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Switching From PTA to PTO

Key steps if your group is planning to change from a PTA to an independent PTO.

Every year, lots of groups decide to drop their affiliation with the National PTA and become independent PTOs. Among the most common reasons that groups change: They want to keep their dues money at home; they disagree with or don’t want to support the PTA’s lobbying positions; or they want the independence to run their group in their own way, free of required PTA bylaws and rules.

In fact, there are more than twice as many independent PTOs in the United States as PTAs. So for groups thinking of breaking away, you are not alone. Tens of thousands of parent groups have taken the independent route with great success.

Switching from PTA to PTO involves two processes performed at the same time: closing your PTA unit and starting a PTO. Because your PTA is organized under the National PTA’s umbrella, you can’t necessarily just vote to become independent. There are a few official steps that should be followed.

Making the Switch

Because there are several steps involved in both starting your PTO and disbanding your PTA, it makes sense to be fairly confident that your group leadership and your general parent population is supportive of the change before you start the process. Some research, good communication, and open discussion is usually enough to determine informally if a change is likely to be supported. If so, then the next steps are fairly clear.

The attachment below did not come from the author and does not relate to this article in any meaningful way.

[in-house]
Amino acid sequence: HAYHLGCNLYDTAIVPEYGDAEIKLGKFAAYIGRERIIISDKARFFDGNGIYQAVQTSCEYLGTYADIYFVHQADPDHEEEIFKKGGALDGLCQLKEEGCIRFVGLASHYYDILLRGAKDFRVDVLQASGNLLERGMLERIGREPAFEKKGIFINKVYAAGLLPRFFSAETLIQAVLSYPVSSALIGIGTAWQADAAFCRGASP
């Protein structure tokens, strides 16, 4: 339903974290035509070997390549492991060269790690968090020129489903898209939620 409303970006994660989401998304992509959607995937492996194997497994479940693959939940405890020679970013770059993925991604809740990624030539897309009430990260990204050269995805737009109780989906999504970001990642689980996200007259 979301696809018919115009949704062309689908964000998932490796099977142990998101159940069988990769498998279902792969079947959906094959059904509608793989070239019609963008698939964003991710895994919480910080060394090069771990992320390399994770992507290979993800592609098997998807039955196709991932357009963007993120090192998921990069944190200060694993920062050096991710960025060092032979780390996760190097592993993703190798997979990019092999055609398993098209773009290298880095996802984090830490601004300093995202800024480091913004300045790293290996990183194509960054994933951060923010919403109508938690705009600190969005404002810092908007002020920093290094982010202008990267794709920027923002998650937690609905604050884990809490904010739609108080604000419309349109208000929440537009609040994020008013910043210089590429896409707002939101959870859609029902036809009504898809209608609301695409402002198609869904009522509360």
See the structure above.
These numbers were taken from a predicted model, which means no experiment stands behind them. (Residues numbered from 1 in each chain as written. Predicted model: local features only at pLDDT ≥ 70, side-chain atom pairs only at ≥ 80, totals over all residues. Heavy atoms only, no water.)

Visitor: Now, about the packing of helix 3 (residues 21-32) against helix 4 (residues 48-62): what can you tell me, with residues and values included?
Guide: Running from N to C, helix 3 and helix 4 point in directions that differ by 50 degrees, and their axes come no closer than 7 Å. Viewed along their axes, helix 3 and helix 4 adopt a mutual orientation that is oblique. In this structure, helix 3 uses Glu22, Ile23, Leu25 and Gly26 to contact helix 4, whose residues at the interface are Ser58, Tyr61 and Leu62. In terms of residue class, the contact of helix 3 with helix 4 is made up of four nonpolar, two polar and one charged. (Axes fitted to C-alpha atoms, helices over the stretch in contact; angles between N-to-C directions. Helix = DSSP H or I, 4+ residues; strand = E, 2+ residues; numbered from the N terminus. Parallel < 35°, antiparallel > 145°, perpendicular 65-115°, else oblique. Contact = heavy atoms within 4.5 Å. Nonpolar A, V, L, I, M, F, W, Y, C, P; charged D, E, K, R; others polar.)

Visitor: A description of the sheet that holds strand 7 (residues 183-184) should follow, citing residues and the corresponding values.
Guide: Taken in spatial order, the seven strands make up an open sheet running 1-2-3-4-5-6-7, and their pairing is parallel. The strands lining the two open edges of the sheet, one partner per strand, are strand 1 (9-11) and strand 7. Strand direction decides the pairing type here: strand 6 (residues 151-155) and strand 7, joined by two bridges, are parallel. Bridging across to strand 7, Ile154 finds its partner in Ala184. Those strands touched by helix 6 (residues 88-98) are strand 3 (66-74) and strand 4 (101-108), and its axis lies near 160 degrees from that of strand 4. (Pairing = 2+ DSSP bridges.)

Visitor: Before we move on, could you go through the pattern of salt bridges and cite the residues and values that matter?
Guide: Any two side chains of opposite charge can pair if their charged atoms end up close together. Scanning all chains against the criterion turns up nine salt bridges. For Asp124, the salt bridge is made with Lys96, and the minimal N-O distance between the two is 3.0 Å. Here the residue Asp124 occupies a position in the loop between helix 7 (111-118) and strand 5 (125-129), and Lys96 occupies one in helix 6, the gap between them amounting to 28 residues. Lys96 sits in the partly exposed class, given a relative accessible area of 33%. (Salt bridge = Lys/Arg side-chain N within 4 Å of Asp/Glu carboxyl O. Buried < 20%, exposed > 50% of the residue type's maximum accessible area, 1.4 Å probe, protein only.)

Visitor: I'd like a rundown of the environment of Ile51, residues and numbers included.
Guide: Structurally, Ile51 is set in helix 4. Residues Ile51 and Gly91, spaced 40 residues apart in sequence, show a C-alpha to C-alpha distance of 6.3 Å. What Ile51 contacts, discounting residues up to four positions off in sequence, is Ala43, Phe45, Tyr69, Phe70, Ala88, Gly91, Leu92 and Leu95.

Step one is to get an employer identification number (EIN) for your PTO. An EIN, which some people call a “tax identification number,” is the way the IRS keeps track of businesses. It doesn’t mean that you have to be an employer. Obtaining an EIN is an easy process that establishes your PTO as a separate, independent organization. Just download Form SS-4 from www.irs.gov or fill it out online. It will only take a few minutes.

Next, draft a set of bylaws for your PTO. You can base them on your PTA bylaws, but you now have the freedom to organize your group in whatever way works best for you. If you don’t want to charge dues, you don’t have to. If you want to change the board positions, you can do it. It helps to read other groups’ bylaws. There are lots of bylaws examples on the File Exchange, including a sample set of basic annotated PTO bylaws. Don’t forget to include a clause on how to amend your bylaws in the future.